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Equation is a method of reducing several stated times, Ekst which money is payable, to one mean, or equated time.
RULE. Multiply each payment by its time, add the several products together, and divide the sum by the whole debt; the quotient will be the equated time.
PROOF. The interest of the sum payable at the equated time, at any given rate, will equal the interest of the several payments, for their respective times, at the same rate.
EXAMPLES. 1. C. owes D. 100 dollars, of which 50 dollars is to be paid at 2 months, and 50 at 4 months; but they agree that the whole shall be paid at one time; when must it be paid ?
Ans. 3 months. 50 X 2= 100 50 X 4 200
3 months. 2. A. owes B. 380L. of which 100L is to be paid at 6 months, 120L. at 7 months, and 160L. at 10 months; but they agree that the whole shall be paid at one time: when must it be paid ?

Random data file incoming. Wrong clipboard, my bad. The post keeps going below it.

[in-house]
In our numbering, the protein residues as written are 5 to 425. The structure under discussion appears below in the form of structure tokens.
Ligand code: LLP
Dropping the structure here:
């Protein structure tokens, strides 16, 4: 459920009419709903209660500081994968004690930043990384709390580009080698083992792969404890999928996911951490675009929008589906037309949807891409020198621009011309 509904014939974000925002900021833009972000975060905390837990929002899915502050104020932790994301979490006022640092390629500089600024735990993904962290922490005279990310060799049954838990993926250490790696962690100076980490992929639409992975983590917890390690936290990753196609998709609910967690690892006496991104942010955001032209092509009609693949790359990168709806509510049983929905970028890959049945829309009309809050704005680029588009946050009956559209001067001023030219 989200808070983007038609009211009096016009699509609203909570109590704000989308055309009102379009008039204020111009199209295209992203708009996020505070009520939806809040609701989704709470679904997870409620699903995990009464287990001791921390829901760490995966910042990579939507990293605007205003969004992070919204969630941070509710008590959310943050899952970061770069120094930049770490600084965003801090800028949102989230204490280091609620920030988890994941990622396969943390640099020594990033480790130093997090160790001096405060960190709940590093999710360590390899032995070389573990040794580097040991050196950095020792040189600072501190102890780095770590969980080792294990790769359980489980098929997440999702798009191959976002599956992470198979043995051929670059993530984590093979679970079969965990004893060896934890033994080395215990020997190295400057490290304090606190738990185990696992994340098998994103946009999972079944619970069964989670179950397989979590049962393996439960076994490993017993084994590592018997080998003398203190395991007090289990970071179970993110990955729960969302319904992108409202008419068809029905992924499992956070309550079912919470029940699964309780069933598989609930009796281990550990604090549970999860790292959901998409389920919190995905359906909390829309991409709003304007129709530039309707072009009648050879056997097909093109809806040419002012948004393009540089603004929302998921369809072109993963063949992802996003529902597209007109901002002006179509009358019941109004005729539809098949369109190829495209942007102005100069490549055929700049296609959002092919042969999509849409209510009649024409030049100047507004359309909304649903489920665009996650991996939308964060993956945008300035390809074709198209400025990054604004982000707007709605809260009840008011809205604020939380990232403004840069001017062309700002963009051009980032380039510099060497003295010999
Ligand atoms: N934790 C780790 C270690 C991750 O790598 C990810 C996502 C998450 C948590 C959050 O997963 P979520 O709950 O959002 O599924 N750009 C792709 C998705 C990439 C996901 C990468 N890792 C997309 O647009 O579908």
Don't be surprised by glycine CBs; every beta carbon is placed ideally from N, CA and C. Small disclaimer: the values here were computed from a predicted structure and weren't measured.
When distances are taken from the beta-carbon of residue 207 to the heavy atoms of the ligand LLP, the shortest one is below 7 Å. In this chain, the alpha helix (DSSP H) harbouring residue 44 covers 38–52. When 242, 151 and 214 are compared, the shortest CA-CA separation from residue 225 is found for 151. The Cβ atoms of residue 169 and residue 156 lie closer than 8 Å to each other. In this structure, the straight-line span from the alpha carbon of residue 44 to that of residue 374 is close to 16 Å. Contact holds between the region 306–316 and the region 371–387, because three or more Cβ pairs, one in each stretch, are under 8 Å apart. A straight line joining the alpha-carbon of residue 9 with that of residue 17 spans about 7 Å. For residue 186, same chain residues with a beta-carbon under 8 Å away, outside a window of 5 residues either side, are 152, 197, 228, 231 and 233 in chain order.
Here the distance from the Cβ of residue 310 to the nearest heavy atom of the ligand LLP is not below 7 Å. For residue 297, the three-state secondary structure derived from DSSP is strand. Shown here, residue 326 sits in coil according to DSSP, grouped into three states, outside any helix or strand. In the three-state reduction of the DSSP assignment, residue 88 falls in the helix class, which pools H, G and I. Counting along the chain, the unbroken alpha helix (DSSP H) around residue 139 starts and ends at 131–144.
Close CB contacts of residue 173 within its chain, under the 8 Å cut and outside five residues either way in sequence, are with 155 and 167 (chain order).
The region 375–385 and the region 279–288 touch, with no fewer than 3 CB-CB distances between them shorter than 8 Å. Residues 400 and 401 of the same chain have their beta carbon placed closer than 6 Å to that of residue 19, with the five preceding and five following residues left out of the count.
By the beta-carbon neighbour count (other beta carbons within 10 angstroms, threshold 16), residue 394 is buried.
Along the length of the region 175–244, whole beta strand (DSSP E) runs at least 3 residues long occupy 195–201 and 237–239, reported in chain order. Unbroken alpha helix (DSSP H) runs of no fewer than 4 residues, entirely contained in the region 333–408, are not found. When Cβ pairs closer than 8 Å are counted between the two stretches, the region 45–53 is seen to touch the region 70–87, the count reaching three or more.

Ans. at 8 months. 3. A merchant has owing to him 300L. to be paid as follows: 50L. at 2 months, 100L. at 5 months, and 150L. at 8 months; it is agreed to make one payment of the whole; at what time must it be paid ? Ans. 6 months.
4. F. owes H. 2400 dollars, of which 480 dollars are to be paid at present, 960 dollars at 5 months, and the rest at 10 months, but they agree to make one payment of the whole, and wish to know the time. Ans. 6 months.
5. A merchant has purchased goods to the amount of 2000 dollars, of which sum 400 dollars are to be paid at present, 800 dollars at 6 months, and the rest at 9 months: but it is agreed to make one payment of the whole; what is the equated time?